Wisdom. . .
Wisdom is a virtue that isn’t innate, but can only be acquired through experience. Anyone who is interested in trying new things and reflecting on the process has the ability to gain wisdom. By learning as much as you can, analyzing your experiences and putting your knowledge to the test, you can become a wiser person.
Try new things. It’s hard to gain wisdom when you stay in and do the same thing day after day. You get wiser when you put yourself out there and give yourself the opportunity to learn, make mistakes and reflect on the experience. If you tend to be on the inhibited side, work on cultivating an inquisitive spirit and the willingness to put yourself in new situations. Every time you experience something new, you open yourself up to the possibility of learning and getting a little wiser for having tried it.
Step out of your comfort zone. If you’re afraid to do something, perhaps that’s the very thing you should try to do. When you have to deal with an awkward or scary situation, you come out on the other side better equipped to handle fear the next time you face it. As Eleanor Roosevelt said, “We gain strength, and courage, and confidence by each experience in which we really stop to look fear in the face . . . we must do that which we think we cannot.”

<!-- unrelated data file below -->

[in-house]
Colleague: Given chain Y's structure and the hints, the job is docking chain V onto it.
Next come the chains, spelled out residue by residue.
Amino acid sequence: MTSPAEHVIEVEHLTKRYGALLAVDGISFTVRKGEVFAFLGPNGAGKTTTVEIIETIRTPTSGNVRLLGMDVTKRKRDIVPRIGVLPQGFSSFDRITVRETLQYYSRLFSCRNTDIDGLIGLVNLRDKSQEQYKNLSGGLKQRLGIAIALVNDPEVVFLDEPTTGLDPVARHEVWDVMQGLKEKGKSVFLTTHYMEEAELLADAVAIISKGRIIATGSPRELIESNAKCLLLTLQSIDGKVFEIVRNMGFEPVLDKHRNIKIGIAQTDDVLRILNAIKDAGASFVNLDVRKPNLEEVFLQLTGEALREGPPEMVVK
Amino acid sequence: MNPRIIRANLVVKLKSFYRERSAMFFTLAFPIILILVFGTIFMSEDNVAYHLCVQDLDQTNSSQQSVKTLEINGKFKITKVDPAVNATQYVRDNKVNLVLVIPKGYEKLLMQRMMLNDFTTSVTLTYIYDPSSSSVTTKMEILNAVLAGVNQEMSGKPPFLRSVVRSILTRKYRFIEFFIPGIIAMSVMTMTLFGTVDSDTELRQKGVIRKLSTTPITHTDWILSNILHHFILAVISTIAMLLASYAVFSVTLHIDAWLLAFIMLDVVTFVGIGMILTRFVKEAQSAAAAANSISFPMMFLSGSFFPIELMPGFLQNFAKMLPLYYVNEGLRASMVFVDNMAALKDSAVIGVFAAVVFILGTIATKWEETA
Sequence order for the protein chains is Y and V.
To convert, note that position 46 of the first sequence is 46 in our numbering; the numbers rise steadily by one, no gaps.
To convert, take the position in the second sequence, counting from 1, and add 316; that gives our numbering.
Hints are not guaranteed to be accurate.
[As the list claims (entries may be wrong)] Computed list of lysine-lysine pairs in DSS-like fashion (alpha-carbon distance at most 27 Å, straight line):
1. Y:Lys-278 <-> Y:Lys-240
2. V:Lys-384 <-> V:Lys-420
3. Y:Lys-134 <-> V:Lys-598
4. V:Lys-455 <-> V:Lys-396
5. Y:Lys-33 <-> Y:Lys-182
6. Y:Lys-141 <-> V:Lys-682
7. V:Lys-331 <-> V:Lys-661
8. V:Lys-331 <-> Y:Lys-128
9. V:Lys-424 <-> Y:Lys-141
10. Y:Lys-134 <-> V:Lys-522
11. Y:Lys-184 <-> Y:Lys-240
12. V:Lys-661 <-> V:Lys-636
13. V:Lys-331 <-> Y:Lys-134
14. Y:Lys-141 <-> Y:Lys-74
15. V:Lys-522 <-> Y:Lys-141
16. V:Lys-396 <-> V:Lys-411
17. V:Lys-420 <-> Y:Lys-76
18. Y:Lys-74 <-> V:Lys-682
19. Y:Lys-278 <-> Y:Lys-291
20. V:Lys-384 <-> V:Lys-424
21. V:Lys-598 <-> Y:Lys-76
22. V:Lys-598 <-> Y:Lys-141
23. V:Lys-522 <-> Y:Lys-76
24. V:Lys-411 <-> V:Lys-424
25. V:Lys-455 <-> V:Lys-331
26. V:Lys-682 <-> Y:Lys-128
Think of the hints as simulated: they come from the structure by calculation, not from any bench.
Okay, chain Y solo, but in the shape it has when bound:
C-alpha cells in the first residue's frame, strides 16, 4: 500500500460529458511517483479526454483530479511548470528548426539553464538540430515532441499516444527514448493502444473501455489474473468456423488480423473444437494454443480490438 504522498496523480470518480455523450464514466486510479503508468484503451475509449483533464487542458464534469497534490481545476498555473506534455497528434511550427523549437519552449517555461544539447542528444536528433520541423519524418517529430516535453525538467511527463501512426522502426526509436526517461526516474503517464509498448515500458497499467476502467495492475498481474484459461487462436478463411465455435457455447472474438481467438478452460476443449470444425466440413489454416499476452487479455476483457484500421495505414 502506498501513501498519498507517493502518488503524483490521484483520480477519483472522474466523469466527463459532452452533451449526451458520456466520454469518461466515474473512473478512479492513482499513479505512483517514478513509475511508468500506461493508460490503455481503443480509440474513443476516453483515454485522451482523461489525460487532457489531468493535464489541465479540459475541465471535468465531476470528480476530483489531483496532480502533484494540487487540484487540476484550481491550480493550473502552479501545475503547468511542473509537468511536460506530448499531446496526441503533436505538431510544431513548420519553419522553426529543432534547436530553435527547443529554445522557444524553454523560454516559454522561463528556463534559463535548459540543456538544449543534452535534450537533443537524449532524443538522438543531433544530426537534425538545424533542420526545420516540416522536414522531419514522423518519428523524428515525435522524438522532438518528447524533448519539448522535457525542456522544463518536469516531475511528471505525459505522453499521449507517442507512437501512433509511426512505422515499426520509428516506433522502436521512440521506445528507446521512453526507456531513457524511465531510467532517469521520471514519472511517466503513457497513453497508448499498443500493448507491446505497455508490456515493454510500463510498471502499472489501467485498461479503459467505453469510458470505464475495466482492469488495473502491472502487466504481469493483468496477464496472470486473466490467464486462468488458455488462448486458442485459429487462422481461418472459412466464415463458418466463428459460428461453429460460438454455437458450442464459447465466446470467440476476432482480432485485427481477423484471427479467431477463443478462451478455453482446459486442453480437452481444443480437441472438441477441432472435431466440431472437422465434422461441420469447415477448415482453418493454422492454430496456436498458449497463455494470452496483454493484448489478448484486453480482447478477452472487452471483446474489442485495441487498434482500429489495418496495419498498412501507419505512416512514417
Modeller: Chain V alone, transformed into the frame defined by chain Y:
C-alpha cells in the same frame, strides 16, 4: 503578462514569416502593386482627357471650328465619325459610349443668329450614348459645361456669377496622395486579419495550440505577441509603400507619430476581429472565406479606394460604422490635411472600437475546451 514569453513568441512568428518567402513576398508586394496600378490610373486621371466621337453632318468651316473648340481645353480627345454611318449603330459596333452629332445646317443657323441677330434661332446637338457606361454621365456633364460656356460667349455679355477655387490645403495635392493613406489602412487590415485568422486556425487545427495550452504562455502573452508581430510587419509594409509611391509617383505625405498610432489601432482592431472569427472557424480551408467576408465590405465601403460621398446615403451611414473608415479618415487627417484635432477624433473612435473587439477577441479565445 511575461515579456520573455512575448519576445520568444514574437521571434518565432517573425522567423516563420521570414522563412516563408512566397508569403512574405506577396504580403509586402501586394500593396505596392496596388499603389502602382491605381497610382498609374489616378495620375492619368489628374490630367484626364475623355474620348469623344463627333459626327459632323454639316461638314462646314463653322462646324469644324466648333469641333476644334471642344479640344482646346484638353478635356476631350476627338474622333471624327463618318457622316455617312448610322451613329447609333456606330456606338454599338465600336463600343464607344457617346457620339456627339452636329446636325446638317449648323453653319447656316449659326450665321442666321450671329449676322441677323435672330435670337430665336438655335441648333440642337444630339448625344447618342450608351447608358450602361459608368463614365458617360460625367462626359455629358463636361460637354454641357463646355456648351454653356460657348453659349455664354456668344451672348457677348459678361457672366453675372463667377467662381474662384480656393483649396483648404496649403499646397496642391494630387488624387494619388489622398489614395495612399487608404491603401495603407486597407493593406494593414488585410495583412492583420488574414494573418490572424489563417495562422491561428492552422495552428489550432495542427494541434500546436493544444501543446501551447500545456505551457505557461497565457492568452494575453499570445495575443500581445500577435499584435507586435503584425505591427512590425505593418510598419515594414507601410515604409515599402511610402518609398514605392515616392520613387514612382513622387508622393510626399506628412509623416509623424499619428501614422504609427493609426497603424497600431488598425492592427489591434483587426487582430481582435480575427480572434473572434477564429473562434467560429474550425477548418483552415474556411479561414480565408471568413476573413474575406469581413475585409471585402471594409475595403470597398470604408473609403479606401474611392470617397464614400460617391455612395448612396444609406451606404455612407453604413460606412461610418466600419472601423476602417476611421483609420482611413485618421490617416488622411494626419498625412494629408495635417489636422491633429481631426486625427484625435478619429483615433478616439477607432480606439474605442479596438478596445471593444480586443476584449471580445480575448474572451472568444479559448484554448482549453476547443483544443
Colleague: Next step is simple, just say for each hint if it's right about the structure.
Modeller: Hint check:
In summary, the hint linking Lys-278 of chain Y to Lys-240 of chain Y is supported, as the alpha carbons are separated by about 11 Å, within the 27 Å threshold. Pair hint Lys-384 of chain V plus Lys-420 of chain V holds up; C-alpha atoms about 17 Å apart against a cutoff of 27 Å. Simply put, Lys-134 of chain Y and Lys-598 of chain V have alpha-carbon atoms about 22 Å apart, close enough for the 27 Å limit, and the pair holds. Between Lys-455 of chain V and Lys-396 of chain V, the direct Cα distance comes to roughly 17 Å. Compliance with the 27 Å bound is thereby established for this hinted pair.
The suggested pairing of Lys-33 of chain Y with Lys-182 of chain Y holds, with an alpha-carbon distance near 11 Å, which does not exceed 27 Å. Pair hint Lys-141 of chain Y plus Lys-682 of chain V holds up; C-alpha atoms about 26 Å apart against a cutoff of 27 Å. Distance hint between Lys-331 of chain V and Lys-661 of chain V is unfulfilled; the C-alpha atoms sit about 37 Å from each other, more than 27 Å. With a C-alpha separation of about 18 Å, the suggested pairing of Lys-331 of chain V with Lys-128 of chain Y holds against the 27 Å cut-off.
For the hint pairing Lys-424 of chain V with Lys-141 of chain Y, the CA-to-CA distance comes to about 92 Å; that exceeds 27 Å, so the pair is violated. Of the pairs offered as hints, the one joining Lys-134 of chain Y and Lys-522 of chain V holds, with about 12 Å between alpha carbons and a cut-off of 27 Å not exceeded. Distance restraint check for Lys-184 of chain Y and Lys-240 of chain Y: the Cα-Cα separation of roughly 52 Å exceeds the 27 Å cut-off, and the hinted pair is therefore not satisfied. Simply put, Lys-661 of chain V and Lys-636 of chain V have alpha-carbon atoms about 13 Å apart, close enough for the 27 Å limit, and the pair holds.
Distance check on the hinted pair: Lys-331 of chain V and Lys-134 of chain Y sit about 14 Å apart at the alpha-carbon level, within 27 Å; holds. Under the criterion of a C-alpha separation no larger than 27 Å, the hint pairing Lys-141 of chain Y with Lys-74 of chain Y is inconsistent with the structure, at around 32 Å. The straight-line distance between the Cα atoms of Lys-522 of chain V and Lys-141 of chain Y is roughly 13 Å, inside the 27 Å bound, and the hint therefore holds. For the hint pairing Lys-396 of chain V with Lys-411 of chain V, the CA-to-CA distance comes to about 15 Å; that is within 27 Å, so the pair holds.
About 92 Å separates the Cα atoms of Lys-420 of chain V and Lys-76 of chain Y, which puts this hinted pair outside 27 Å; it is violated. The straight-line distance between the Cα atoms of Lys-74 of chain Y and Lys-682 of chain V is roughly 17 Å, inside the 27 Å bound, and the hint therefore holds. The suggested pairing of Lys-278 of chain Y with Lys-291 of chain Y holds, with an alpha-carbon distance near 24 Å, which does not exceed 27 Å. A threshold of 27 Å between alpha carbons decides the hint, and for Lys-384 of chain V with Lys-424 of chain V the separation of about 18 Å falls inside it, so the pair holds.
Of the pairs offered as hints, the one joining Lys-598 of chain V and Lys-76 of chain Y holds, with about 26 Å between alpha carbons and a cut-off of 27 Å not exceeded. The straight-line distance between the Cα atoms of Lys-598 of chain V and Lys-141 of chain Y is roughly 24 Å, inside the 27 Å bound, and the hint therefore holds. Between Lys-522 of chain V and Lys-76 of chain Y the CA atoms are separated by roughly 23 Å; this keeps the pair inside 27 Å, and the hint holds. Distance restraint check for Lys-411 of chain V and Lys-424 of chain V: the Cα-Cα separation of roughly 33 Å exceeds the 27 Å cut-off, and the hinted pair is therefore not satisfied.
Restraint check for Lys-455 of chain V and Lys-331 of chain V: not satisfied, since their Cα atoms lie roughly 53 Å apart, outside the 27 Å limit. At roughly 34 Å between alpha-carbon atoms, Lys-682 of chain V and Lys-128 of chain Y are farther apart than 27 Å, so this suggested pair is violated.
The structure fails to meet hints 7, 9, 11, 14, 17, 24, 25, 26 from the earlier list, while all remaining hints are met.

Make an effort to talk to people you don’t know very well. Talk to people from different backgrounds and with different perspectives from yours, and pay attention to what you can learn from them. Try not to judge them based on your own narrow point of view. The more you’re able to empathize with others, the wiser you will be.
It’s easy to base our views on the limited experiences we’ve had in life, but that’s not the way to gain wisdom. You can’t help that you’ve grown up in a certain place with certain people, but you can decide how open you are to learning about different ways of life to develop a bigger and wiser perspective.
Peace and Love, Jim